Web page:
Bioinformatics is the science of managing, mining, and interpreting information from biological data. Various genome projects have contributed to an exponential growth in DNA and protein sequence databases. Rapid advances in high-throughput technologies, such as microarrays, mass spectrometry and new/next-generation sequencing, can monitor quantitatively the presence or activity of thousands of genes, RNAs, proteins, metabolites, and compounds in a given biological state. The ongoing influx of these data, the pressing need to address complex biomedical challenge, and the gap between the two have collectively created exciting opportunities for data mining researchers.
While tremendous progress has been made over the years, many of the fundamental problems in bioinformatics, such as protein structure prediction, gene-environment interaction, and regulatory network mapping, have not been convincingly addressed. Besides these, new technologies such as next-generation sequencing are producing massive amount of sequence data; managing, mining and compressing these data raise challenging issues. Finally, there is a pressing need to use these data and computational techniques to build network models of complex biological processes and disease phenotypes. Data mining will play an essential role in addressing these fundamental problems and the development of novel therapeutic/diagnostic solutions in the post-genomics era of medicine.
Workshop History (2001-2012)
Data Mining approaches seem ideally suited for Bioinformatics, since they are data-driven and do not require a comprehensive theory of life's organization at the molecular level. The extensive databases of biological information create both challenges and opportunities for developing novel KDD methods. To highlight these avenues we organized the Workshops on Data Mining in Bioinformatics (BIOKDD 2001-2013), held annually or biannually in conjunction with the ACM SIGKDD Conference.
This will be the 12th year for the workshop.
Past workshops attracted 50-100 participants, from academia, industry and government labs, underscoring the surge of interest in this exciting and rapidly expanding field. The program of the workshops included 10-11 contributed papers, and 1-2 invited talks. Information on past workshops is available at the following web pages:
The goal of this workshop is to encourage KDD researchers to take on the numerous challenges that Bioinformatics offers. This year, the workshop will feature the theme of Building network and predictive models of biological processes and diseases using complex data. This field focuses on the use of computational approaches, especially from data mining and machine learning, and the large amount and variety of biological data being generated. The goal here is to build accurate predictive or descriptive network models of biological processes and diseases. These approaches have revolutionized the new age biology by enabling novel discoveries in basic biology and diseases like cancer and diabetes, as well as the development of therapeutics.
We encourage papers that propose novel data mining techniques for areas including but not limited to:
Building predictive models for complex phenotypes from large-scale biological data
Discovering biological networks and pathways underlying biological processes and diseases
Processing of new/next-generation sequencing (NGS) data for genome structural variation analysis, discovery of biomarkers and mutations, and disease risk assessment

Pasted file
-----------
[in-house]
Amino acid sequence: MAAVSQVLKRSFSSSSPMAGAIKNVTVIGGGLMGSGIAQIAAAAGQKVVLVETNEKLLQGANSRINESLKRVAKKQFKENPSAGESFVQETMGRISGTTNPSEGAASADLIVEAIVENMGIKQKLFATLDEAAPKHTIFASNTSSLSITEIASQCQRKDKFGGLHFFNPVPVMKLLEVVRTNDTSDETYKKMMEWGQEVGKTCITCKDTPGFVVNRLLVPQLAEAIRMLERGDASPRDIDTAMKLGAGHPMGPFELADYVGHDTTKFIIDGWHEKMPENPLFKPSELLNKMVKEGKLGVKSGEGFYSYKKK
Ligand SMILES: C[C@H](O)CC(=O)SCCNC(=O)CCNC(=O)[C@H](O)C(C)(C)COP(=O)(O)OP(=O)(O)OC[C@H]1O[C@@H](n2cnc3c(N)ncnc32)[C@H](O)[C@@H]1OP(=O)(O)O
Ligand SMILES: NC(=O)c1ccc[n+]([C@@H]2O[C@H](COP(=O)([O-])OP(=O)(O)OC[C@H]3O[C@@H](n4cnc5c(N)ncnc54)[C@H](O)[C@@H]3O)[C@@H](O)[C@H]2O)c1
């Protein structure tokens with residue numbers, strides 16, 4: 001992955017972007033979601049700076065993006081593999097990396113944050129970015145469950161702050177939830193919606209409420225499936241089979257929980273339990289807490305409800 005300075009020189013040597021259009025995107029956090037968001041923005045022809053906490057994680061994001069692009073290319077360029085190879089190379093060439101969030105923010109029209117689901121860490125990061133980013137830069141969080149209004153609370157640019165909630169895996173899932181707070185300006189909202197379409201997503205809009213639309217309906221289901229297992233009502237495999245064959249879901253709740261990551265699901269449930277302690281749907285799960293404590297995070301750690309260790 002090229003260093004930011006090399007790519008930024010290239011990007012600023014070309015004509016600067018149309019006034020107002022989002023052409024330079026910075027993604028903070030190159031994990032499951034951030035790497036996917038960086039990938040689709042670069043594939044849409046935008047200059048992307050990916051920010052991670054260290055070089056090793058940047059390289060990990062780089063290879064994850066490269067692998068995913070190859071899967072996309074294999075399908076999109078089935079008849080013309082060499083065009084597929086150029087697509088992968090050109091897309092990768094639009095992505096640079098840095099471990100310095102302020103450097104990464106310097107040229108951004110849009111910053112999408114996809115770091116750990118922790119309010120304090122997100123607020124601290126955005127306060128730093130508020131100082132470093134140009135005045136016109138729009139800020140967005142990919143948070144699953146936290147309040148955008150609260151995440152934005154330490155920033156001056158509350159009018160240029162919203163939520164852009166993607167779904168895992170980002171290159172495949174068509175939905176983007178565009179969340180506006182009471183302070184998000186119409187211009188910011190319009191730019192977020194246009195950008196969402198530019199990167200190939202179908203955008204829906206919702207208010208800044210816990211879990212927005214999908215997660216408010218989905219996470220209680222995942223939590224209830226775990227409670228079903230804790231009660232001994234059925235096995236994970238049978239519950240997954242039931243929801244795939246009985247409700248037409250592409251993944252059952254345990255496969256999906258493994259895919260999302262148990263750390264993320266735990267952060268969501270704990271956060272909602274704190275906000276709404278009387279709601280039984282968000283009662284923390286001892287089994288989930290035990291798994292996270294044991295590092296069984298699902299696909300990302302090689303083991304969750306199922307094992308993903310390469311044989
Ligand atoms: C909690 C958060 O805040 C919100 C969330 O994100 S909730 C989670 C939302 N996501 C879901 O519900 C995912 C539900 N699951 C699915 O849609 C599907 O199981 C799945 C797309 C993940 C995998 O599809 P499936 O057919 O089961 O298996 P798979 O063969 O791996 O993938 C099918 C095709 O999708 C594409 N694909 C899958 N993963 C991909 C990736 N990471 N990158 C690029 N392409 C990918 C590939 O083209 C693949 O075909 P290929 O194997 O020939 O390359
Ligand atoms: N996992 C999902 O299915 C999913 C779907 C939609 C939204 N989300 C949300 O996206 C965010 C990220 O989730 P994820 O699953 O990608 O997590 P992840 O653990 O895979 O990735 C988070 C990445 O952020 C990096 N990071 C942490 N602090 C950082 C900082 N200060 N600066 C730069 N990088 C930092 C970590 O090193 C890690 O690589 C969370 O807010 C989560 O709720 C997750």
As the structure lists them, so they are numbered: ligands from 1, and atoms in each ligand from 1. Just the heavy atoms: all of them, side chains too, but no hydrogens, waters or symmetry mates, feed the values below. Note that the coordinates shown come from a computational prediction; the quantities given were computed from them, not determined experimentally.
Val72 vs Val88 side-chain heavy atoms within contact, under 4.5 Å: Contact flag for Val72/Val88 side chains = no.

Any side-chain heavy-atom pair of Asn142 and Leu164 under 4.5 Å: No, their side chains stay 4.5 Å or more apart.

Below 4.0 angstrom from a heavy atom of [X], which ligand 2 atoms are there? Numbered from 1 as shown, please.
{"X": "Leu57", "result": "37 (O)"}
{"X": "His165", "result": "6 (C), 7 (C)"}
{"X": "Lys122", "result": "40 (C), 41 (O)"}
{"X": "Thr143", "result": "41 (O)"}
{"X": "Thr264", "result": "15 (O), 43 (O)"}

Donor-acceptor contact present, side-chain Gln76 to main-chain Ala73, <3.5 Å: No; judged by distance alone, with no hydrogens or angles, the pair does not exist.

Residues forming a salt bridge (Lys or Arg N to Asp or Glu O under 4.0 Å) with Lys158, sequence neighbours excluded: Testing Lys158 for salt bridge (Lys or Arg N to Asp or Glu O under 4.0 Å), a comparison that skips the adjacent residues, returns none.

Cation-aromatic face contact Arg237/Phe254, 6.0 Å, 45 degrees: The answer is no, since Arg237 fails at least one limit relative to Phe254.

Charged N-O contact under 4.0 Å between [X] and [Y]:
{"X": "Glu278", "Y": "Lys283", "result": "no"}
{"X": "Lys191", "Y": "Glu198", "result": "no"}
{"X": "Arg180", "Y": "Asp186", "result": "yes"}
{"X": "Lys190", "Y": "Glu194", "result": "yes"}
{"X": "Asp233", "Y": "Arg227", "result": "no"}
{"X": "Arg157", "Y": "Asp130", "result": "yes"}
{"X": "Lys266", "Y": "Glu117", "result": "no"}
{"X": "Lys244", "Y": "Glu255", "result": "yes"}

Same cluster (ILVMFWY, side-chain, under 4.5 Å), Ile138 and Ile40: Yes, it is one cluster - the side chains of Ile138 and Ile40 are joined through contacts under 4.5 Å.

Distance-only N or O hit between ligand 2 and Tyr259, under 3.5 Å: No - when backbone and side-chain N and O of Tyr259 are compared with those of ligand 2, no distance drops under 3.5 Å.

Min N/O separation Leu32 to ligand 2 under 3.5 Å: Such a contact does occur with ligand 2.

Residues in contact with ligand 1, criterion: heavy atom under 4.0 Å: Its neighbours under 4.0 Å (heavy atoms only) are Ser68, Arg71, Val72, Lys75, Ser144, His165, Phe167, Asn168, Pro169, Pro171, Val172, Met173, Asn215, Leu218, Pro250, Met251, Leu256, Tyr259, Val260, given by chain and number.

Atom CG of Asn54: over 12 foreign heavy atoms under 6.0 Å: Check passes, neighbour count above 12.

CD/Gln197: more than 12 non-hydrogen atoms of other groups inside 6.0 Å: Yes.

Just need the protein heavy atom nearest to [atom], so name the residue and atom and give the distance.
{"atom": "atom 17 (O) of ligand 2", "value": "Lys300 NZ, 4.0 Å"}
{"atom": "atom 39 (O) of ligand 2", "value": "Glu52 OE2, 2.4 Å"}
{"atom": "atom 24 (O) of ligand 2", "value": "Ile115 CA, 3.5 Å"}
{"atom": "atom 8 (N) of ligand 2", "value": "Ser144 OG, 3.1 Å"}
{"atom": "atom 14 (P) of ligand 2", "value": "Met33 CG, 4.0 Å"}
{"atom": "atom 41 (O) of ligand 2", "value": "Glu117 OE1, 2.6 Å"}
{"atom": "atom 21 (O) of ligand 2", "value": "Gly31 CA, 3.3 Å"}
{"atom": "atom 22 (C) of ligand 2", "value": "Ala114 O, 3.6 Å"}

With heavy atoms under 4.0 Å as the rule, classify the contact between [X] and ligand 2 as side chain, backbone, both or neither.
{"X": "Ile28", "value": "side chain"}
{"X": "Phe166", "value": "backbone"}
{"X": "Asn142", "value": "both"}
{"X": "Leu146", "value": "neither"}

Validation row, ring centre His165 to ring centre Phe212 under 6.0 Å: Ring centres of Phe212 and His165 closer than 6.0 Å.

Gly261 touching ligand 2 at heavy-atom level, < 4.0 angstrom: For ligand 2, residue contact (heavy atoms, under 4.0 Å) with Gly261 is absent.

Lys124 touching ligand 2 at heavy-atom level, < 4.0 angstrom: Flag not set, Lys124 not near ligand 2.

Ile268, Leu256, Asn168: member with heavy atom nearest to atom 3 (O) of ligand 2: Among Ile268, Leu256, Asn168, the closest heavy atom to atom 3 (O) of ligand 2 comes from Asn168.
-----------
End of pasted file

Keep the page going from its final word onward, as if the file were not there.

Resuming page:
Discovery of genotype-phenotype associations
Novel methods and frameworks for mining and integrating big biological data
Metagenome analysis using sequencing data
RNA-seq and microarray-based gene expression analysis
Genome-wide analysis of non-coding RNAs
Genome-wide regulatory motif discovery
Correlating NGS with proteomics data analysis
Functional annotation of genes and proteins
Chemo-informatics: Drug discovery, Virtual screening and Combinatorial chemistry
Knowledge discovery in clinical data and electronic medical records
Special biological data management techniques
Information visualization techniques for biological data
Semantic webs and ontology-driven biological data integration methods
Privacy and security issues in mining genomic and health databases
: Prof. Eric Schadt, Ph.D., Chair, Department of Genetics and Genomic Sciences and Director, Icahn Institute for Genomics and Multiscale Biology, Icahn School of Medicine at Mount Sinai, New York, USA will deliver the plenary address titled "Building predictive models of disease" (abstract below) at the workshop. He will discuss his cutting-edge work in genomics and systems biology, both computational and experimental, which is expected to be of great interest to the BIOKDD audience. His work has received extensive media coverage (e.g., NY Times and CBS News).
Plenary address abstract:
The causal chain of events that lead to the development of complex diseases such as schizophrenia remains elusive. Such diseases are complex, resulting from the interplay of potentially hundreds (or thousands) of genetic loci and environmental factors. Genetic and environmental perturbations induce changes in the molecular interactions of cellular pathways whose collective effect may become clear through the organized structure of multiscale biological networks. We have developed a novel systems approach to study psychiatric disorders such as schizophrenia that models the global molecular, functional, and structural changes in the affected brain that in turn can lead us to the root causes of the disease. To characterize the molecular, cellular, and physiological systems associated with common human diseases, we constructed gene regulatory networks, functional and structural MRI based networks, high-content phenotypic networks and then integrated these network models across all of the data modalities generated across multiple human cohorts comprised of several thousand individuals. Because DNA variation was systematically assessed across all cohorts, it provides a common set of perturbations that can be leveraged to not only infer causal relationships among different molecular and higher order traits, but that can help link networks at different scales (e.g., molecular and imaging) across cohorts. Through this integrative network-based approach, we rank-order the resulting network structures for relevance to different diseases, highlighting both known and novel biological pathways involved in disease pathogenesis and progression. We demonstrate that the causal network structures we construct from this big data integration exercise is a useful predictor of response to gene perturbations and presents a novel framework to test models of disease mechanisms underlying disease. We further demonstrate that our approach can offer novel insights for drug discovery programs aimed at treating disease by screening our disease-associated networks against molecular signatures induced by marketed and novel compounds across a number of cell-bases systems, including those derived from stem cells isolated from patients with disease.